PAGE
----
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It’s Personal: Let the Funeral Celebrate a Unique Life

Any event planner knows that a successful party is a reflection of the hosts. It highlights their unique style and individual tastes. The same goes for funerals and memorial services, which should be a celebration of a person’s life, special contributions and the custom imprint they left on the lives of others.

Whether pre-planning your own funeral or making arrangements for a loved one, it’s important to think beyond the flower arrangements to how you can truly commemorate a person’s accomplishments, interests and hobbies.

The National Funeral Directors Association is finding baby boomers are making funeral choices based on values and are looking for ways to make the funerals meaningful. That means personalization is a growing trend in funeral planning.

Typically you’ll want to consider the person’s religious beliefs and affiliations as those can be an important part of any funeral service or memorial. You also can think about the person’s passions, interests and family life.

Your funeral director can make recommendations and work with you to customize a fitting tribute. And each funeral service truly can be unique, incorporating memorabilia from a cherished collection or hobby, a memorial video, photo collage or even something like a champagne toast at the close of the service or asking attendees to wear the color of the loved one’s favorite spots team. The possibilities are truly endless.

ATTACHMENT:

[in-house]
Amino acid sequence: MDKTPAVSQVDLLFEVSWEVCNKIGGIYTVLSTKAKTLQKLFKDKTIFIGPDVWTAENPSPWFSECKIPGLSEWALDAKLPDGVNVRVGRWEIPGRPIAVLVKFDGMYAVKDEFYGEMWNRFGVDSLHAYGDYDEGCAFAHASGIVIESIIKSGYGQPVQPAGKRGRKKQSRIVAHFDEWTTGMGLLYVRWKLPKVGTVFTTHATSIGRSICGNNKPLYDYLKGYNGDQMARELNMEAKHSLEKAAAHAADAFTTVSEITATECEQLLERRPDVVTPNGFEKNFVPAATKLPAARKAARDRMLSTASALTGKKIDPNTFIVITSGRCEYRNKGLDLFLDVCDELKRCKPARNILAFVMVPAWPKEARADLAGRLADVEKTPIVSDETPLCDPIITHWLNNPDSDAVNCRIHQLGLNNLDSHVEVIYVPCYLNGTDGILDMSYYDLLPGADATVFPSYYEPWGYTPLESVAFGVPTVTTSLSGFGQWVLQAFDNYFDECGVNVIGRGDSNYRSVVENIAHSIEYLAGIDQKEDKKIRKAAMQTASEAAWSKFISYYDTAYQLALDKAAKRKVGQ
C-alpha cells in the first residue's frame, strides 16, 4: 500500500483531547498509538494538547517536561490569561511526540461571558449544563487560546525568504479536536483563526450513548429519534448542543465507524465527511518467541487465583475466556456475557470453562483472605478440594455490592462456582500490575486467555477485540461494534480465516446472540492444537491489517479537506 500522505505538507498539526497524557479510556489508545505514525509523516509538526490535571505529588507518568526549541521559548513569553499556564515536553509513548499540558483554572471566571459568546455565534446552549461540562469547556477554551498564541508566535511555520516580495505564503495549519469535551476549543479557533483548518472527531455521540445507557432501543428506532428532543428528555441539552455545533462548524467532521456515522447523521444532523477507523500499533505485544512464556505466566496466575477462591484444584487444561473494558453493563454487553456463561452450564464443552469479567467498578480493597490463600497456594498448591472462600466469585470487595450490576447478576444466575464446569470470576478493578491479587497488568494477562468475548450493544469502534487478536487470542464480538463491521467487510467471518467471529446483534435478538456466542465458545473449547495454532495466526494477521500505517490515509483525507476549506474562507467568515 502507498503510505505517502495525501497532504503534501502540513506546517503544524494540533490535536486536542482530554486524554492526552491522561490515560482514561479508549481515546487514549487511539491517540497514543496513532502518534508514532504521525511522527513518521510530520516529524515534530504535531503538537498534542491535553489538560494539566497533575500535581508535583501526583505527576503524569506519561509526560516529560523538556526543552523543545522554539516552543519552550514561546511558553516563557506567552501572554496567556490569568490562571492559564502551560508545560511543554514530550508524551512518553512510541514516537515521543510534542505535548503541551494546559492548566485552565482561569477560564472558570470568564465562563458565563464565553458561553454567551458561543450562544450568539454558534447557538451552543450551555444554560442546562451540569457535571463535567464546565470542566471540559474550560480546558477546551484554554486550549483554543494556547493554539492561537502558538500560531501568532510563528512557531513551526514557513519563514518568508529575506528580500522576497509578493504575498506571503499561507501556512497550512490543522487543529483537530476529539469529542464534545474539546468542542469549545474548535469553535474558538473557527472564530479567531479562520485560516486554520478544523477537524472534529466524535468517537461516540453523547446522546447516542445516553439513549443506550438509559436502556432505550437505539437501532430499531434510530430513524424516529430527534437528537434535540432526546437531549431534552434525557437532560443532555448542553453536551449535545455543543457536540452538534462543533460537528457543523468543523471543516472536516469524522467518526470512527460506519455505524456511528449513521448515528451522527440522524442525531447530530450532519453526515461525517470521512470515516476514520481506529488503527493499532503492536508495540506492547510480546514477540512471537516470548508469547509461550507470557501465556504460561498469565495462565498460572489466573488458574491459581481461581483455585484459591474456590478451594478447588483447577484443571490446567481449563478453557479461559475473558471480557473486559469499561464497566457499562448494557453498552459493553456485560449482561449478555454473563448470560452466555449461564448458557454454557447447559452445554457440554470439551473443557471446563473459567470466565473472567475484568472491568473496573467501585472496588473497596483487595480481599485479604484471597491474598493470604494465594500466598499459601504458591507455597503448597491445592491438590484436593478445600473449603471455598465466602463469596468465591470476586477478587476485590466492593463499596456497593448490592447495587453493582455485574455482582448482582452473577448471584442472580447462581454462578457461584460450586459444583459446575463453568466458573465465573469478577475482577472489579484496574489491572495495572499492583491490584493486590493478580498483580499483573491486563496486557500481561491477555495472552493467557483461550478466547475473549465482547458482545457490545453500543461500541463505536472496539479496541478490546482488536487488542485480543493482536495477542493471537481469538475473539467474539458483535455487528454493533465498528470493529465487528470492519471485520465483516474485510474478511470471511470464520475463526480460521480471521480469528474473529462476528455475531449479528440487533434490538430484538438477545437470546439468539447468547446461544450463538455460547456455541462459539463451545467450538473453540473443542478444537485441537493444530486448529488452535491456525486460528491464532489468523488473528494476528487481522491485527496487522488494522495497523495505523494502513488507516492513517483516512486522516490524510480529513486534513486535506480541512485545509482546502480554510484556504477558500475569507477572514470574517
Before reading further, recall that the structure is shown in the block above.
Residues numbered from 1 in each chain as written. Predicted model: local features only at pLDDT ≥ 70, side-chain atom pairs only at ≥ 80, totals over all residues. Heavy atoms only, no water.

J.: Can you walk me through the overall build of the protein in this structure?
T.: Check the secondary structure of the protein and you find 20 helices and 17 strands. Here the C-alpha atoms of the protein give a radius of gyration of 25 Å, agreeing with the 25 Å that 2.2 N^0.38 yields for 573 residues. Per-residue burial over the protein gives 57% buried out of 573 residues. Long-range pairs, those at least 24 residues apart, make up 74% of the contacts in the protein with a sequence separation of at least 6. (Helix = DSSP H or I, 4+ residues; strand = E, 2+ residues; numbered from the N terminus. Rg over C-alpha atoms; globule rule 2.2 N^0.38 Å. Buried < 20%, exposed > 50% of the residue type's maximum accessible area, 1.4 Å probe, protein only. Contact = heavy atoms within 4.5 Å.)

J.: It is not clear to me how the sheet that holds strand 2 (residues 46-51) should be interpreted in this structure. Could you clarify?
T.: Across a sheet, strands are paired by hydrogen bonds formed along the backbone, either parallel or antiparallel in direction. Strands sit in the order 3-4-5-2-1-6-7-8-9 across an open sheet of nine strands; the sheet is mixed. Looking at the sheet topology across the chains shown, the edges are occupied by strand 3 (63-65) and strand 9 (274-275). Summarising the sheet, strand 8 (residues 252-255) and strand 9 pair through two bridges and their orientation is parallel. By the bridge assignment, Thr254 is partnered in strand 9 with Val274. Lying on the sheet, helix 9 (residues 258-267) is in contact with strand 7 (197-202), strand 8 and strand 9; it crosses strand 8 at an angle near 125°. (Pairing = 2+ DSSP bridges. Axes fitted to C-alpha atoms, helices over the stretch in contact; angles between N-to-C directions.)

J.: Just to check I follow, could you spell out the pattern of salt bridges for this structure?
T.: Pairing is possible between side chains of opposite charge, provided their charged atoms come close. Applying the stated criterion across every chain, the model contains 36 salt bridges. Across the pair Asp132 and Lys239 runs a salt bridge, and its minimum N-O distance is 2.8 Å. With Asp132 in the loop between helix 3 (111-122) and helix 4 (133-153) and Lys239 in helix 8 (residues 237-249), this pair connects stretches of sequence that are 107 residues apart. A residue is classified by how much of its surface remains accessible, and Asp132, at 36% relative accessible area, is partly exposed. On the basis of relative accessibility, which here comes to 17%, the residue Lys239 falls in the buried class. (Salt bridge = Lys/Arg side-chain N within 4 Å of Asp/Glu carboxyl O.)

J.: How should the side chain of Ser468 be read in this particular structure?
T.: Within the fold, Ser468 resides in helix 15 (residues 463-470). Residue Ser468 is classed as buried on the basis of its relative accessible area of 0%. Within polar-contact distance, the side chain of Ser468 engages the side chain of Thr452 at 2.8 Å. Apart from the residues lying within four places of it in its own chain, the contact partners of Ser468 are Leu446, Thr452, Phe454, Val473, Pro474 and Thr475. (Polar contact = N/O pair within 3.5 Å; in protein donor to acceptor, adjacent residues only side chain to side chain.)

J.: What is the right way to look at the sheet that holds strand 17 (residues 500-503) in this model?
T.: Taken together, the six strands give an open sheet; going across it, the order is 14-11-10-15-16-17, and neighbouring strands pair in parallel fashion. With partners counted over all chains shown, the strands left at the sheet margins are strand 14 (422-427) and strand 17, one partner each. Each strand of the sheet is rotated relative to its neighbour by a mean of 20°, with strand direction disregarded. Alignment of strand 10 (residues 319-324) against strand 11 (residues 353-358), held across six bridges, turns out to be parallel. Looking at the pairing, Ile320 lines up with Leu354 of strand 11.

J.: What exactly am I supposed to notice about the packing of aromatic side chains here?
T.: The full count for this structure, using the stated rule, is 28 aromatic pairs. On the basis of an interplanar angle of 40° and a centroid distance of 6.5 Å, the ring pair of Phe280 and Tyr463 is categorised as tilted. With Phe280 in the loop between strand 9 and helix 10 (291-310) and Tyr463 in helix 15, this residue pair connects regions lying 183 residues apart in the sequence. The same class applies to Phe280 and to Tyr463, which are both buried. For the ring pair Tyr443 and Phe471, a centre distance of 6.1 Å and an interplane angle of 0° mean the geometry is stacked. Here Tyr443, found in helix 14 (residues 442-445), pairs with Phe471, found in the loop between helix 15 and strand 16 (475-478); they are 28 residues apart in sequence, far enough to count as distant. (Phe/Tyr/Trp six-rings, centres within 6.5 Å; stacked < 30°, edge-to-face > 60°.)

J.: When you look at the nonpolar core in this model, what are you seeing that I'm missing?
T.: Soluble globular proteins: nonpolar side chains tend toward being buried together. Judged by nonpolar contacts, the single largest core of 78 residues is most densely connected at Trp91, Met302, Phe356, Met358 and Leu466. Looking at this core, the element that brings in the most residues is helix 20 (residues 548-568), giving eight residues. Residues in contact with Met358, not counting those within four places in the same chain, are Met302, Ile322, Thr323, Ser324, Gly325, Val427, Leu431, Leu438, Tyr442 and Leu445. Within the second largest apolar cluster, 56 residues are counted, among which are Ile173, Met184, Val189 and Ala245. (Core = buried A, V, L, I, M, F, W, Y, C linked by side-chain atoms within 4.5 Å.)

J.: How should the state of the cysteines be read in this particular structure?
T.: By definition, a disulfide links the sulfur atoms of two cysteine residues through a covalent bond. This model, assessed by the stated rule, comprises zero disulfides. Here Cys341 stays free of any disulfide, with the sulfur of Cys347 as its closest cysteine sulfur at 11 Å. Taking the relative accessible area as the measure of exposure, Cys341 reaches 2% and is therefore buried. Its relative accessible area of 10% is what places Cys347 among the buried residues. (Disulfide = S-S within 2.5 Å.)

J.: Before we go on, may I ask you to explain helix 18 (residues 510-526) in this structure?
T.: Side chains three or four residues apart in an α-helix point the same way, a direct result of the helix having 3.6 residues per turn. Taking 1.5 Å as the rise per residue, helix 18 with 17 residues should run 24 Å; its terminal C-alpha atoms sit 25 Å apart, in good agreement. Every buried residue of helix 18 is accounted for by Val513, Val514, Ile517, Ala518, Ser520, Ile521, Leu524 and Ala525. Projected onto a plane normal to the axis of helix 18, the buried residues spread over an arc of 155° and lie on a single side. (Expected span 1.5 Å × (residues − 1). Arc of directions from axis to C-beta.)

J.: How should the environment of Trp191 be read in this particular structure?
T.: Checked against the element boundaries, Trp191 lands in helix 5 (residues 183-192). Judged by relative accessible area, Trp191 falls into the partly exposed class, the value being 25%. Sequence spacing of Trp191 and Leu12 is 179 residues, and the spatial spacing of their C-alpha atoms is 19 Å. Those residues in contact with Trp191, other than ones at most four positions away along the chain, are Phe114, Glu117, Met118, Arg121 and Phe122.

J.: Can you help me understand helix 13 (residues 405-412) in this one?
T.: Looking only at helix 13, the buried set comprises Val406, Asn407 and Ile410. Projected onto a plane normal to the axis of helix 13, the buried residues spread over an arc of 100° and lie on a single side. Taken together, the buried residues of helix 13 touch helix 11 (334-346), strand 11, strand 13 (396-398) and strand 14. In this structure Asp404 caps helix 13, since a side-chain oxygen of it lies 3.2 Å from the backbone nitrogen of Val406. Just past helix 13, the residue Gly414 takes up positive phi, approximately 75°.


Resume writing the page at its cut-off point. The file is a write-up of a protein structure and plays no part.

You may also think about the person’s favorite place and opt to have a memorial service there. If your family member loved spending time at the beach, you could gather some close friends and family for a casual sunset memorial at the beach.

A family member with a passion for animals might love the idea that you had the funeral or memorial outdoors so it could be pet-friendly.

To start the planning process, the National Funeral Directors Association suggests these questions as a way to get ideas flowing:

• What could your loved one do better than anyone else?

• When you think of your loved one, what do you think of?

• What were your loved one’s hobbies or special interests?

• What were some of your fondest memories of your loved one?

• What was your loved one passionate about?

If you’re pre-planning your own funeral, think about these same questions and how you’d like to incorporate your own passions and interests into your funeral. You can work with you funeral planner to add your wishes into your planning documents.

While a funeral is part of the grieving process for friends and loved ones, it’s also a way to celebrate all the ways that person made an impact. By adding personal touches, it ensures mourners leave the funeral service with a smile as they recall fond memories and a life well lived.